IP infringement risks in agile software development: New research project at the MIPLM
Due to the 4th industrial revolution, companies increasingly change their way of innovating new products and services. In an effort to master the digital transformation, companies are shifting from the traditional waterfall-driven development process to a more agile one, to better solve customer-focused problems in order to create efficient and value-added innovations, in response to an often complex environment.
However, through the increasing digital character of newly developed innovations, companies must face and manage new and upcoming infringement risks due to intellectual property (IP) of third parties to approach a freedom to operate (FtO) status. Thereby the agile development process of digital innovations, based on its short development cycles and quick sprints with individual teams, makes the organization and integration of the assessment of IP infringement risks in development projects challenging.
The aim of this thesis is to contribute to an understanding of the management of IP infringement risks for software and digital innovations in an agile development environment. In that context, a first concept on how to manage and coordinate FtO activities in an agile development process was developed.
Three conditions are described to organize the IP management in an agile development environment. The integration of the IP management into the agile team, a full set of IP tasks and the dynamic adjustment of these IP tasks must be considered to adapt the IP management to an agile development process. For companies with a traditional business and a small but rapidly evolving digital business, a complete transformation from a traditional IP organization into individually-acting agile IP teams would be quite time-consuming and unproductive. By an ambidextrous organization of the IP management, fast-moving and digital embedded IP teams could be acting independently alongside with the current traditional IP organization. As the patent landscape for digital and computer-implemented inventions continues to evolve, FtO approaches for software and digital innovations are likely to become much more complex and different mitigation strategies will be required for different components and features of software and digital innovations. Companies will need to have a greater awareness of the patent landscape in technology sectors outside their traditional business and a willingness to adopt new strategies is needed to deal with the challenges they present.
FtO should be established along the lifetime of a development project and can not only be checked just before commercialization activities get started. The FtO process must therefore continuously be developed, expanded, and modified, also beyond the commercialization of the software or digital innovation. Furthermore, companies should shift from a freedom to operate to a freedom to action approach, to minimize their exposure to IP infringement risks as far as possible. By that, it should be the aim to balance between clearing IP infringement risks and becoming comfortable enough with IP infringement risks which cannot be eliminated.
Digital and computer-implemented patents differ in its definition from physical patents. It is important to know, which kind of patent types can be applicable to digital and software-implemented products or services. In that context, FtO searches for digital products and services are more complex, laborious, and time-consuming than searches of a traditional FtO of physical products.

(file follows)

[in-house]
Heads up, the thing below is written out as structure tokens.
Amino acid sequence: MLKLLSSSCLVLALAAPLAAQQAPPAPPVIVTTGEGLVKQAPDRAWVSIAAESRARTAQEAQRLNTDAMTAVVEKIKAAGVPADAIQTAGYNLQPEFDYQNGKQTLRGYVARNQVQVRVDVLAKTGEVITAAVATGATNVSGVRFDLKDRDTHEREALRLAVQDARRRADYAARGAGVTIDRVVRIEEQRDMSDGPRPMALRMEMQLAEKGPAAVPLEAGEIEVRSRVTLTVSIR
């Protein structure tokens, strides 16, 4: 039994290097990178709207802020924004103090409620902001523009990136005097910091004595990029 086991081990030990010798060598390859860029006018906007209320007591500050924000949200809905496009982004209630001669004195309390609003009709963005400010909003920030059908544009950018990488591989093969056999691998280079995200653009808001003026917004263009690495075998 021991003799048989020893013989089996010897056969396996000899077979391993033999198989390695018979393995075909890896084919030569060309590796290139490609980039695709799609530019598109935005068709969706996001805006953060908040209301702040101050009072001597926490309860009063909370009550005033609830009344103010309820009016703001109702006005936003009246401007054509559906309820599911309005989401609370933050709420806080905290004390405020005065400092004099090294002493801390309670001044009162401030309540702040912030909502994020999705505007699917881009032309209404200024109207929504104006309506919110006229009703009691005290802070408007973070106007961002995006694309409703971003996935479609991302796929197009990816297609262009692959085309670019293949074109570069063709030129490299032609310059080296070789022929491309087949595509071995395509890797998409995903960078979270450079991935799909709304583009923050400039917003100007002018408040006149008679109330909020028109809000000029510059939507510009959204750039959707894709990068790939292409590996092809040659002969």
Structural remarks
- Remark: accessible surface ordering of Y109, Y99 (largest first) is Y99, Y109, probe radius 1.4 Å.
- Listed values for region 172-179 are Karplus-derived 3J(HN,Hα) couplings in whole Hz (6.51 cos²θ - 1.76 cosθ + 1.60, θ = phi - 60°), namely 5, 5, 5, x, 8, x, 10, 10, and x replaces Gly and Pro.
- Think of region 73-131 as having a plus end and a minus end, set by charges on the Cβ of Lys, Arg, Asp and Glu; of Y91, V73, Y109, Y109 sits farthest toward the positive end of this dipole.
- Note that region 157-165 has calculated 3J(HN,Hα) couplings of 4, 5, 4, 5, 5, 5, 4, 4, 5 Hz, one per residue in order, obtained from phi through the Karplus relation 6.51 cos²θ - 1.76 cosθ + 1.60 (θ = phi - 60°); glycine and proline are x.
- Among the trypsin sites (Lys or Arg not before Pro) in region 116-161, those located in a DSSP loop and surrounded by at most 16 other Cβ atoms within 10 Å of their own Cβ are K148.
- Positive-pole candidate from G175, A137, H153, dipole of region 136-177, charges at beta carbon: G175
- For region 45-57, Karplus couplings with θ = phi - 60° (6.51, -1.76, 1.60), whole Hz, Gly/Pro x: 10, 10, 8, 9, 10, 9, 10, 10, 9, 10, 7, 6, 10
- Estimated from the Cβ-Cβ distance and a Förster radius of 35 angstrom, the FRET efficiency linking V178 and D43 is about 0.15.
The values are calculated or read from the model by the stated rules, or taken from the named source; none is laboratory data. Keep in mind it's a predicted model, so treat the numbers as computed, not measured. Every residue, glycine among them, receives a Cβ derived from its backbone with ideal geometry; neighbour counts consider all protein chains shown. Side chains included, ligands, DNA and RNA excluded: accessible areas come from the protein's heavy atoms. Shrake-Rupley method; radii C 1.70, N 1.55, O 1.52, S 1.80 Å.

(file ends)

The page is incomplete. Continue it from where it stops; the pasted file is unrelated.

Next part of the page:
Components and features of a software or digital innovation can be considered as individual bundles of IP rights and a prediction regarding their IP infringement risks must be made. In this context, bundles of IP rights can be evaluated in a layer-by-layer approach. A first base layer represents free state of the art and patent documents which are published and provide no risk for infringement. A second stack of risk layers consider for example risks due to computer-implemented and digital patents, standard essential patents, supplier components, and the IP risk when using free and open-source software. A final creative scope layer takes care of white spaces and patentable components and features.
To coordinate and manage the FtO process for software and digital innovations in an agile development environment, a FtO backlog can be created based on the elements and features of the product backlog. In this context, before, during and after the development project, IP infringement risks can be detected and mitigated. The FtO backlog is consequently integral part of the IP risk assessment and serves as the base for the further sprints during the entire agile development process and beyond.
The research project was conducted by MIPLM graduate Tobias Lipp and supervised by Prof. Dr. Alexander Wurzer and Dr. Thibaud Lelong both CEIPI.
After his professional activity as a Radiologic Technologist, Tobias successfully completed his studies in Patent Engineering at the Amberg-Weiden University of Applied Sciences in Germany. During his studies and in the course of his work, he has been able to realize and implement a variety of challenging projects in the field of intellectual property and innovation management. After successfully building up an innovation
department for a Spanish enterprise-university foundation in 2019, he decided to work as an independent IP consultant and patent engineer, in order to support companies, IP attorneys and strategic consultancies through multidimensional analysis and interdisciplinary consulting.
In 2021, Tobias undertook the Master of Intellectual Property Law and Management at CEIPI, University of Strasbourg.
Here is a description of the research project: